• if it sits on a node with a right child node it walks to the child and then down the sequence of left children of this child (if any) to find the left-most child in the right subtree.

Obviously, if you don't walk your tree from left to right but rather, e.g., from top to bottom, you'll need a different algorithm. The easiest approach for me is to draw a tree on a piece of paper and see how to get to the next node.

If you haven't implemented a data structure using your own iterators I'd recommend trying things out on a simple sequential data structure, e.g., a list: There it is pretty obvious how to reach the next node and when the end is reached. Once the general iteration principle is clear, creating a tree is just a matter of getting the navigation right.

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Look at SGI implementation of RBTree (this is the base for std::set/std::map... containers).


You will see that begin() is the leftmost node.

You will see that end() is a special "empty" node header which is the super root - I mean a real root (preset only if the tree is not empty) is its child node.

operator ++ is to go to right child and then find this child leftmost node. If such child does not exist - we go to left parent of the rightmost parent node. As in this example (red lines are skip move, blue ones ends are the given steps of iteration):

enter image description here

The code copied from SGI:

  void _M_increment()
    if (_M_node->_M_right != 0) {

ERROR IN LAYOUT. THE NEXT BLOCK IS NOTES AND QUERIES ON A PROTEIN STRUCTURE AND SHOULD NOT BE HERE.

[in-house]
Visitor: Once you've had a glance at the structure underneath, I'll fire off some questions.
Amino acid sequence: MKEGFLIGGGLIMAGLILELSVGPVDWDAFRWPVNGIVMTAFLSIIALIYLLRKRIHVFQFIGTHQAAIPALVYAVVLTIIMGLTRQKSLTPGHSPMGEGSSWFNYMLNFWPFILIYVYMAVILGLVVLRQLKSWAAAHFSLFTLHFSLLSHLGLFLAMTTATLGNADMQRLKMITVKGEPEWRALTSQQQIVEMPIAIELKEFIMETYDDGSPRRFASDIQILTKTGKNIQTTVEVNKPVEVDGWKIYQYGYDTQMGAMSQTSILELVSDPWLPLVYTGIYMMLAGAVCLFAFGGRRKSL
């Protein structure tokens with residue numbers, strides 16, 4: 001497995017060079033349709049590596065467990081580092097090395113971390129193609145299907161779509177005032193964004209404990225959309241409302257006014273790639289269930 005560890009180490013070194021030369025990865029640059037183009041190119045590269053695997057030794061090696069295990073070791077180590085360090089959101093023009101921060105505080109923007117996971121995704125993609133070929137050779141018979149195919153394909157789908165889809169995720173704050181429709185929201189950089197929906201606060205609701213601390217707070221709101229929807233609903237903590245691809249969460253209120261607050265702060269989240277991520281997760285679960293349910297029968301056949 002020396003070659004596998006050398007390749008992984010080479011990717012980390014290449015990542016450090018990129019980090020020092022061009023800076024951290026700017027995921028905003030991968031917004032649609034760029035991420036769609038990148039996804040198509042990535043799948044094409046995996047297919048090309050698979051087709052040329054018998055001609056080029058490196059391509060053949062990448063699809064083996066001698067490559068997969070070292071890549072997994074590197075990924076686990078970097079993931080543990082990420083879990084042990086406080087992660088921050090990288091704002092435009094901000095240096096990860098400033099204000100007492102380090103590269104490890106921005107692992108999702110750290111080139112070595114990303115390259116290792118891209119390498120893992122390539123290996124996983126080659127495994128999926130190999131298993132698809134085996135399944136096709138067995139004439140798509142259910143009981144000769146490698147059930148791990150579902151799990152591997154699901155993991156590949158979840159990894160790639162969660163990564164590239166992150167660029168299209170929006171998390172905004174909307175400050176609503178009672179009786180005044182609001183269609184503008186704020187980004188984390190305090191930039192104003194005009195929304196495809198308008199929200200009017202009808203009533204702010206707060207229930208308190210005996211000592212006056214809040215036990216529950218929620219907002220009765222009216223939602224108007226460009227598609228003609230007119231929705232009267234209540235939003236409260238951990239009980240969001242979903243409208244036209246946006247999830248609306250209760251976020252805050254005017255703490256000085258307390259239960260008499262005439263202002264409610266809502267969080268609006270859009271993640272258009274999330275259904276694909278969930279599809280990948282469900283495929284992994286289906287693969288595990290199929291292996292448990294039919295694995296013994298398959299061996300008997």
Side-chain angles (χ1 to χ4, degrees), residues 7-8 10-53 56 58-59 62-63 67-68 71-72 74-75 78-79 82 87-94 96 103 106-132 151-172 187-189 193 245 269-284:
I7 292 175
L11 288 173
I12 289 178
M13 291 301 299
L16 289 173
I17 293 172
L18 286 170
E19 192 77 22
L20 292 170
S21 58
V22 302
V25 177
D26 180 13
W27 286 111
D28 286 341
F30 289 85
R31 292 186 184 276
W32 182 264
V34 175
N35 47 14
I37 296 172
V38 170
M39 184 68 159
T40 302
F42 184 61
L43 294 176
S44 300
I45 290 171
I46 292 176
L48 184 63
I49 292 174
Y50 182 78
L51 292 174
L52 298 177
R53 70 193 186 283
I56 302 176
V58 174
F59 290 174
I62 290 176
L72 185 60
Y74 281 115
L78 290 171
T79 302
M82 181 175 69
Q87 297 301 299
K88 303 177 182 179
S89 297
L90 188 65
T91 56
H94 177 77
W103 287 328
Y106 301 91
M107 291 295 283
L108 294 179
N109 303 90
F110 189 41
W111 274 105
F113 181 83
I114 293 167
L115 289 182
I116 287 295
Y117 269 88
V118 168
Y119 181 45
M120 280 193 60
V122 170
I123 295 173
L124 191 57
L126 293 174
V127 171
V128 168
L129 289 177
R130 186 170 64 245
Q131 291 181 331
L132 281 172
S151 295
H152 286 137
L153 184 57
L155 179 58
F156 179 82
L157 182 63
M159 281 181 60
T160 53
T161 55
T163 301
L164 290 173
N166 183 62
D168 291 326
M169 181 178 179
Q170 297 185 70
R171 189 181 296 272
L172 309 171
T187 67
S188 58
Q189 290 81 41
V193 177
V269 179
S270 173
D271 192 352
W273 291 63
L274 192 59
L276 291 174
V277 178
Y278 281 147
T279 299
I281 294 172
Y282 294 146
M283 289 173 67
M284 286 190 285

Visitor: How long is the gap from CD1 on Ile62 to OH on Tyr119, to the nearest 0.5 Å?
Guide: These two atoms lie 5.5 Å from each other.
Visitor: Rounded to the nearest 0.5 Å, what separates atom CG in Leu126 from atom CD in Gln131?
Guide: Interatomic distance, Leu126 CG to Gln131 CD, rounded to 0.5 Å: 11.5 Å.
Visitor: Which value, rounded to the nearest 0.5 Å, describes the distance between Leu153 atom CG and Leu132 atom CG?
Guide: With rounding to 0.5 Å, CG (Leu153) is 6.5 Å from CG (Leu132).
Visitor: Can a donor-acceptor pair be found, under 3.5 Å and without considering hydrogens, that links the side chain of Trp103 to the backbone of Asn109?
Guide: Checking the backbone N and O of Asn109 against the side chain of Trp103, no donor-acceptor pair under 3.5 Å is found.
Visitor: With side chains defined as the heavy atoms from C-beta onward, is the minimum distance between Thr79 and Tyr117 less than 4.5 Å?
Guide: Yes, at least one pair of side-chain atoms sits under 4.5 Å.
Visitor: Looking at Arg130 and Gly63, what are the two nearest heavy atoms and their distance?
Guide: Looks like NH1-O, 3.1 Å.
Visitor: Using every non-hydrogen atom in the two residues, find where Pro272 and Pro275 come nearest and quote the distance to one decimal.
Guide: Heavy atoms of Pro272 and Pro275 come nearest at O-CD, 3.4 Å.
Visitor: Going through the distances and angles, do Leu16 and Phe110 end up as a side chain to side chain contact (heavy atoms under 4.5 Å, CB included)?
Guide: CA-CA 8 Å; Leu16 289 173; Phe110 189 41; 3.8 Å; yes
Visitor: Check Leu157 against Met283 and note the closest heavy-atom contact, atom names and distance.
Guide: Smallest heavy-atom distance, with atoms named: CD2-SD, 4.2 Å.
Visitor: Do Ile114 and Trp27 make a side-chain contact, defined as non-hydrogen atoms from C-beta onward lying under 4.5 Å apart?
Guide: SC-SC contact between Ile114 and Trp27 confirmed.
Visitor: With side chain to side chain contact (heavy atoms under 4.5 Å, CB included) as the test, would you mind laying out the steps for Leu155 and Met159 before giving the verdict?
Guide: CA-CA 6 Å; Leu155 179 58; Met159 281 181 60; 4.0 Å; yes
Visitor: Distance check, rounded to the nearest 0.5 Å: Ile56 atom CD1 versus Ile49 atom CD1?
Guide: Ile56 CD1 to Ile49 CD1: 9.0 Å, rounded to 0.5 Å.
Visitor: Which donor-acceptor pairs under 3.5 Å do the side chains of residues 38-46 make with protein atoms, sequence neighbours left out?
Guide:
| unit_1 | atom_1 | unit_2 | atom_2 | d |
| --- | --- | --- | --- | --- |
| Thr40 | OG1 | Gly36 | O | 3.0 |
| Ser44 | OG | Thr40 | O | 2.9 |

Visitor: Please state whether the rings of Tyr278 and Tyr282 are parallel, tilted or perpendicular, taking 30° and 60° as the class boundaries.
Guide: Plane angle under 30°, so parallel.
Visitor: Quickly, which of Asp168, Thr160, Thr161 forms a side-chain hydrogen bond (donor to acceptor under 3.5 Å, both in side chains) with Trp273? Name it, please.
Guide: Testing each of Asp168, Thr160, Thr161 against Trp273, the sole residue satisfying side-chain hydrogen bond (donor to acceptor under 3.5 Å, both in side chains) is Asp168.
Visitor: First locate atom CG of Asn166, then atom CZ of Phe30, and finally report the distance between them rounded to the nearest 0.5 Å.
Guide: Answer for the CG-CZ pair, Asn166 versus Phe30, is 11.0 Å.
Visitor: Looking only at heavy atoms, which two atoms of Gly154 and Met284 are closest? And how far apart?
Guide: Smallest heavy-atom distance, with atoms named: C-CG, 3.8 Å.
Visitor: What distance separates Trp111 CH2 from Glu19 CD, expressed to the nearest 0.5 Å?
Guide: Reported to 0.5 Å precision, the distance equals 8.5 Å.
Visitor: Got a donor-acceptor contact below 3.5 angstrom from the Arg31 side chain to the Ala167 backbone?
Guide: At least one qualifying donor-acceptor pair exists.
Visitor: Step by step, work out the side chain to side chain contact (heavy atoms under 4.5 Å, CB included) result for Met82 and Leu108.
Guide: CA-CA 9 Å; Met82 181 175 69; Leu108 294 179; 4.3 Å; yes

_M_node = _M_node->_M_right;
      while (_M_node->_M_left != 0)
        _M_node = _M_node->_M_left;
    else {
      _Base_ptr __y = _M_node->_M_parent;
      while (_M_node == __y->_M_right) {
        _M_node = __y;
        __y = __y->_M_parent;
      if (_M_node->_M_right != __y)
        _M_node = __y;

When a tree is empty - begin() is leftmost of header - so it is header itself - end() is also header - so begin() == end(). Remember - your iteration scheme must match this condition begin() == end() for empty trees.

This seems to be very smart iteration scheme.

Of course you can define you own scheme - but the lesson learned is to have special node for end() purpose.

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Why it must always hold that begin()==end()? In this tutorial the author implements an iterator over an array and this condition does not hold. –  Slazer Oct 7 '12 at 15:14
I meant this condition only for empty tree ;) –  PiotrNycz Oct 7 '12 at 16:11

An iterator for a tree is going to be more than just a pointer, although it will likely contain a pointer:

struct TreeIterator {
  TreeIterator(TreeNode *node_ptr) : node_ptr(node_ptr) { }
  TreeIterator &operator++();
  TreeIterator operator++(int);
  bool operator==(const TreeIterator &) const;

    TreeNode *node_ptr;

TreeIterator begin(const Tree &tree) { ... }
TreeIterator end(const Tree &tree) { ... }

You can make your end() function return something special, like TreeIterator(nullptr)

What your begin iterator points to will depend on the type of traversal that you want. If you are doing breadth-first traversal, then starting at the root makes sense.